Finally, yes: Studio A deserves credit for bringing down bands like this. The probably wouldn’t have been any other place that’d have hosted them. (And believe it or not there was even some sporadic dancing.)

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Monday June 18, 2007

Frank Houston visited Miami Childrens’ Museum and was none too impressed.

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mosquito Seems like forever since you’ve seen a mosquito? Here’s why: Since mosquitoes lay their eggs in water, their populations drop during drought. The bad news: the eggs don’t die — they just accumulate, and wait for the water to come back, which in case you haven’t noticed, it has. Please to be expecting a major spike in the mosquito population, and mosquito-related illness. Yikes!

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Bill Proenza gets reprimanded

Bill Proenza Anyone who’s ever worked in the higher levels of any government organization (which, improbably, I have) will particularly appreciate this: Let’s say you’re the head of your own office. The boss you report to is off-site — in another state, actually. One Friday morning she drops by your office, and very cordially (these things are always cordial) hands you a three-page memo of reprimand [pdf]. What do you do?

Well, if you’re Bill Proenza, director of the National Hurricane Center, you call the goddamned press, that’s what you do. You tell them your bosses are being assholes, and no, you do not shut the fuck up (Bill has reputedly criticized budget appropriations that have endangered weather satellites and has generally had the nerve to be honest about predictions). I could kiss this guy. Oh, and NOAA? Get off Bill’s back. And send him the money he needs for some new equipment. There’s people down here counting on it.

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Dark side of the Boom, a documentary about the housing crisis in Miami, is screening tonight at Barry University.

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The sordid tale of Biscayne Landing. This patch of land between FIU North and Oleta State Park was considered for a zoo, an “international center” with a revolving restaurant atop a tower, an amphitheater, a golf course, and airport . . . well, for most of the 70s it was actually a dump. It was an EPA Superfund site from 1982 to 1999. Now it’s a condo development, last seen promoting itself with ultra-cheesy billboards featuring scantily clad women and silly “too cool for downtown” taglines. Not unsurprisingly, 93 units have been sold, out of a planned 6,000. Also not unsurprisingly, the superfund business is not mentioned on the development’s FAQ. The saddest part is that the city of North Miami gambled with the developers on this, leasing them the land and paying $31 million to clean up the site, hoping for a tax windfall.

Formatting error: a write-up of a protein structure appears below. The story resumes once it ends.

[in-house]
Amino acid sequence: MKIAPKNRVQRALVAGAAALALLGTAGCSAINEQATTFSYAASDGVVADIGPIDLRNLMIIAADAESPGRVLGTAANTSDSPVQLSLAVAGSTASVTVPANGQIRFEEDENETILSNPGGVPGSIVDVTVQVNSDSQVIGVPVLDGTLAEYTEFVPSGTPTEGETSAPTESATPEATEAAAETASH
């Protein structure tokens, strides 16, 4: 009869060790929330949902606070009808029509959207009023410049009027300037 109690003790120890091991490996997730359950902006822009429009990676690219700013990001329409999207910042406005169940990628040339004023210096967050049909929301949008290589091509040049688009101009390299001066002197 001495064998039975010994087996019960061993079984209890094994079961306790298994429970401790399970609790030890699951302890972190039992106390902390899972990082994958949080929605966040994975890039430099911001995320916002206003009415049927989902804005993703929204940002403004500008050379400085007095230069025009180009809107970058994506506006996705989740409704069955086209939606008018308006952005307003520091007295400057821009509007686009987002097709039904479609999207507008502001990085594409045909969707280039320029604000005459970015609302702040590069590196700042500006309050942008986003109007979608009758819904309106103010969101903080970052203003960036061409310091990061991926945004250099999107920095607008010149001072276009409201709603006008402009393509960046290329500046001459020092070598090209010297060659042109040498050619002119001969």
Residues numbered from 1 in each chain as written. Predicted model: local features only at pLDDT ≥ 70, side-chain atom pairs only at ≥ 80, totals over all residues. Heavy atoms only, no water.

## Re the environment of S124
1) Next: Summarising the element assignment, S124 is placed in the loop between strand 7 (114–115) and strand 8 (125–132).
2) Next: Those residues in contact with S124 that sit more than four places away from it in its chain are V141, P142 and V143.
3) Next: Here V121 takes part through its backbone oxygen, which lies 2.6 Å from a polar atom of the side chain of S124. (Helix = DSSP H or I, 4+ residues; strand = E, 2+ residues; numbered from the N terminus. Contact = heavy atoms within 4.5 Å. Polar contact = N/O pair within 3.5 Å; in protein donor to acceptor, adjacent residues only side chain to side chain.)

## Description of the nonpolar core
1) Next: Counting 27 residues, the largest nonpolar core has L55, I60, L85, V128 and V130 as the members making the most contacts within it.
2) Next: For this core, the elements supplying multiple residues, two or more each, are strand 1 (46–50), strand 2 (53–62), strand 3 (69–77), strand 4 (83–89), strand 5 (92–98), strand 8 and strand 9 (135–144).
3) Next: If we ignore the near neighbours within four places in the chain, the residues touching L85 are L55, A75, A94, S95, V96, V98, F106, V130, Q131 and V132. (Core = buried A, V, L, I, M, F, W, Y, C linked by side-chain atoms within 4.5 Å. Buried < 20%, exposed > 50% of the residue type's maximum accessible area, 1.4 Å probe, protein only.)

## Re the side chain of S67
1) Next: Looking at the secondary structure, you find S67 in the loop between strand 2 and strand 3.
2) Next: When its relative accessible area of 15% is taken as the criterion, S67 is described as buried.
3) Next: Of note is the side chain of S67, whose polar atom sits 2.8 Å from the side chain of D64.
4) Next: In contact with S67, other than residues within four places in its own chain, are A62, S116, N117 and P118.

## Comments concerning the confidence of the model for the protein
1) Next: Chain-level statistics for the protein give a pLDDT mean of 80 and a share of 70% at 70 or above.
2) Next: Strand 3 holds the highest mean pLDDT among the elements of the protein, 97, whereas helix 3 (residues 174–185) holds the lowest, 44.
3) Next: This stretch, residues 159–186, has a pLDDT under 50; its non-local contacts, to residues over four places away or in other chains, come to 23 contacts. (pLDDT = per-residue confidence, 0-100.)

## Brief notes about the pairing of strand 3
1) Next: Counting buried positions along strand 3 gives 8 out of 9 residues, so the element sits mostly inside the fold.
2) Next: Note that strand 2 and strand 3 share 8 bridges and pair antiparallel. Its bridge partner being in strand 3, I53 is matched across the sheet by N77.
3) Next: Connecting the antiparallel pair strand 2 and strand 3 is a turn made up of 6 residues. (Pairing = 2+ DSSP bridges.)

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Clevelander renovations. Lovely wrap-around billboard that doesn’t promote anything other then general hedonism.

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Friday June 15, 2007

The Herald profiles Mika, the gay/ambiguous singer who’s playing Studio A Sunday. I skipped it in my weekend roundup because the show is $20 and his album got crazy panned in Pitchfork. But check out the profile — they’ve got audio clips, and it just might be your thing.